WRITING, reading and interpreting a text are complex processes. What is meant by text here is a wide range of things — a written text, an oral rendition, a phenomenon, an art piece, or a form of architecture. For the purpose of this article, we will focus on written texts.
Often, reading/interpreting of a text is seen as a simple exercise, but it is not. It involves very complex processes. If beauty lies in the beholder’s eye, surely the meanings lie in the interpreter’s mind. What this means is that interpretation is a human process.
The same text can be interpreted in many different ways. It is a process, not a product. The traffic of meaning flows from the interpreter to the text and back to the interpreter. The journey may be seen as ‘circular’. There is a dynamic, organic, not a static, relationship between a text and a reader.
The study of the art/science of interpretation of texts (hermeneutics) has entered a new phase in postmodern times from a simple traditional linguistic analysis to complex social, sociological, psychological, political and historical processes.
Today, texts — sacred or profane — are seen as complex things, not ‘facts’. The richness of the interpretation of a text is directly proportional to the richness of the interpreter’s background knowledge about the text, and his tools or skills of interpreting a text.
For example Farid Esack, a South African scholar on Islam (Quran, Liberation, and Pluralism) quoting Hazrat Ali says that the Quranic interpreters were/are people, human beings (implying that they were not angels and hence were bound by human weaknesses).
People’s orientations are predicated by the circumstances of their time and place, personal choices, and therefore, what they choose to tell is not necessarily the ‘absolute truth’, but how they see the truth in their contexts, from their perspectives.
In Esack’s terms, all interpreters reflect their times, their needs. He rightly suggests, “Indeed, each and every generation of Muslims … carrying its peculiar synthesis of the human condition, has produced its own commentaries on the Quran and various kinds of interpretations with every generation”.
Esack concludes by arguing that the present generation of Muslims, like the many preceding ones, faces the option of reproducing meaning intended for earlier generations or of selectively appropriating traditional understandings to reinterpret the Quran as part of the task of reconstructing society.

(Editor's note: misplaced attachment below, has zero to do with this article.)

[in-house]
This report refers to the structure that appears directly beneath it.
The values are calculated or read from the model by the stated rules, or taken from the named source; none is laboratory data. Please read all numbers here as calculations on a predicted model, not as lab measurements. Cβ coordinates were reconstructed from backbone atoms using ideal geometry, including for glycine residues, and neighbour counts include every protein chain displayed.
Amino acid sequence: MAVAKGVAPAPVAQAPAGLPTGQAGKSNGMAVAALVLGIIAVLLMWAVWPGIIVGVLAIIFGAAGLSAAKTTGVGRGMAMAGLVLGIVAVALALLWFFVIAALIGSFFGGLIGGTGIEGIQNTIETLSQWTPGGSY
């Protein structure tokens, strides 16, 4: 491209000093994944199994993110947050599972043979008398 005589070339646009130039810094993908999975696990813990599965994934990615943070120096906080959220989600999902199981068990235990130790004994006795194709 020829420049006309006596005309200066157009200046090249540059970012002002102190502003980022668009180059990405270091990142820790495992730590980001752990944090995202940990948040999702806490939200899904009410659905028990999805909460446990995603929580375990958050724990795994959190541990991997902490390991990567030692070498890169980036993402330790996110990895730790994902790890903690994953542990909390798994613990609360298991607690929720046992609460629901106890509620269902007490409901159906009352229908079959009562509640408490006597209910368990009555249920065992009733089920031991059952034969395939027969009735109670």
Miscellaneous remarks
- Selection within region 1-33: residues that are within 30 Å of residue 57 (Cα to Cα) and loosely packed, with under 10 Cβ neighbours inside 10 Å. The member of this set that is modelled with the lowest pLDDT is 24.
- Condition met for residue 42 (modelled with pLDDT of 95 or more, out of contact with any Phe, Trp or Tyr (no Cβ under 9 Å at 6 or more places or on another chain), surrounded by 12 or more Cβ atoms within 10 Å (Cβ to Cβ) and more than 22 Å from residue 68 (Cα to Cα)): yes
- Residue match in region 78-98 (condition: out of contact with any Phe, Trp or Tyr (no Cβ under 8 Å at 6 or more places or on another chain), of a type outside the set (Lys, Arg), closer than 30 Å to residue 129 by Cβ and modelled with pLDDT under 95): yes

Right from the beginning of the Islamic faith, Muslims have approached the Quran in diverse ways. Hence there are today so many translations and exegeses, reflecting these tendencies. These developments have enriched our understanding of the Quran.
The Quran itself generously invites its readers to “reflect” and “contemplate” on the verses, both written and living (in Sayyid Ahmad Khan’s terms, reflect on the “word” of God, the Quran, and the “work” of God, the universe). If the process of interpretation would have been so simple, why would the Quran require us “to reflect” on its verses?
How important it is to understand a text’s context may be gauged by an example from the Quran. Glorifying the blessings of God to the people of the time, in the Holy Book it is stated, “And the cattle hath He created … wherein is beauty for you, when ye bring them home, and when ye take them out to pasture … And horses and mules and asses (hath He created) that ye may ride them, and for ornament. …” (Surah an-Nahl).
These verses tend to reflect the aesthetic values of the 6th/7th century Hejaz where the cited animals were seen as markers of social status and even ‘beauty’. Take these verses out of this context and situate them in another context, say, Beijing, Cairo, Karachi, Paris, Toronto or Tokyo and the verses assume different meanings, where animals today are no longer a sign of wealth, but things like bungalows, cars, mobile phones, laptops and iPads are.
The Quran, therefore, is inextricably linked to the contexts in which it was revealed. This does not mean it is frozen in time, but the words are eternal in the sense that they will remain the same. We the readers/interpreters, have to see how we can understand them in our own contexts.
Alluding to this need, Islamic scholar Fazlur Rahman argues that interpreters, often ignoring these contextual factors “…Began to confuse the issue; and the strictly legal injunctions of the Quran were thought to apply to any society, no matter what its conditions, what its structure and what its inner dynamics. ...” (Islam).
He further argues that “There is a good deal of evidence to believe that in the very early period, the Muslims interpreted the Quran pretty freely. But after a period of juristic development during the late 1st/7th and throughout the 2nd/8th century … the lawyers neatly tied themselves and the community down to the ‘text’ of the Holy Book until the content of Muslim law and theology became buried under the weight of literalism”.
Scholars today suggest taking a multidisciplinary approach to studying texts, involving disciplines like hermeneutics, semantics, linguistics, sociology (particularly the critical discourse analysis), politics, besides many others.
The process of interpreting a text is complex. The text, the interpreter and the reader meet at the crossroads of enormous complexity. They counteract in dynamic ways, influencing each other.
Gross misunderstanding is the result when these complexities are ignored and a text is interpreted and applied blindly. Some of the issues in Muslim societies regarding sectarian interpretations stem, to my understanding, from this miscalculation.
The writer teaches Histories and Cultures of Muslim Societies at a private university in Pakistan.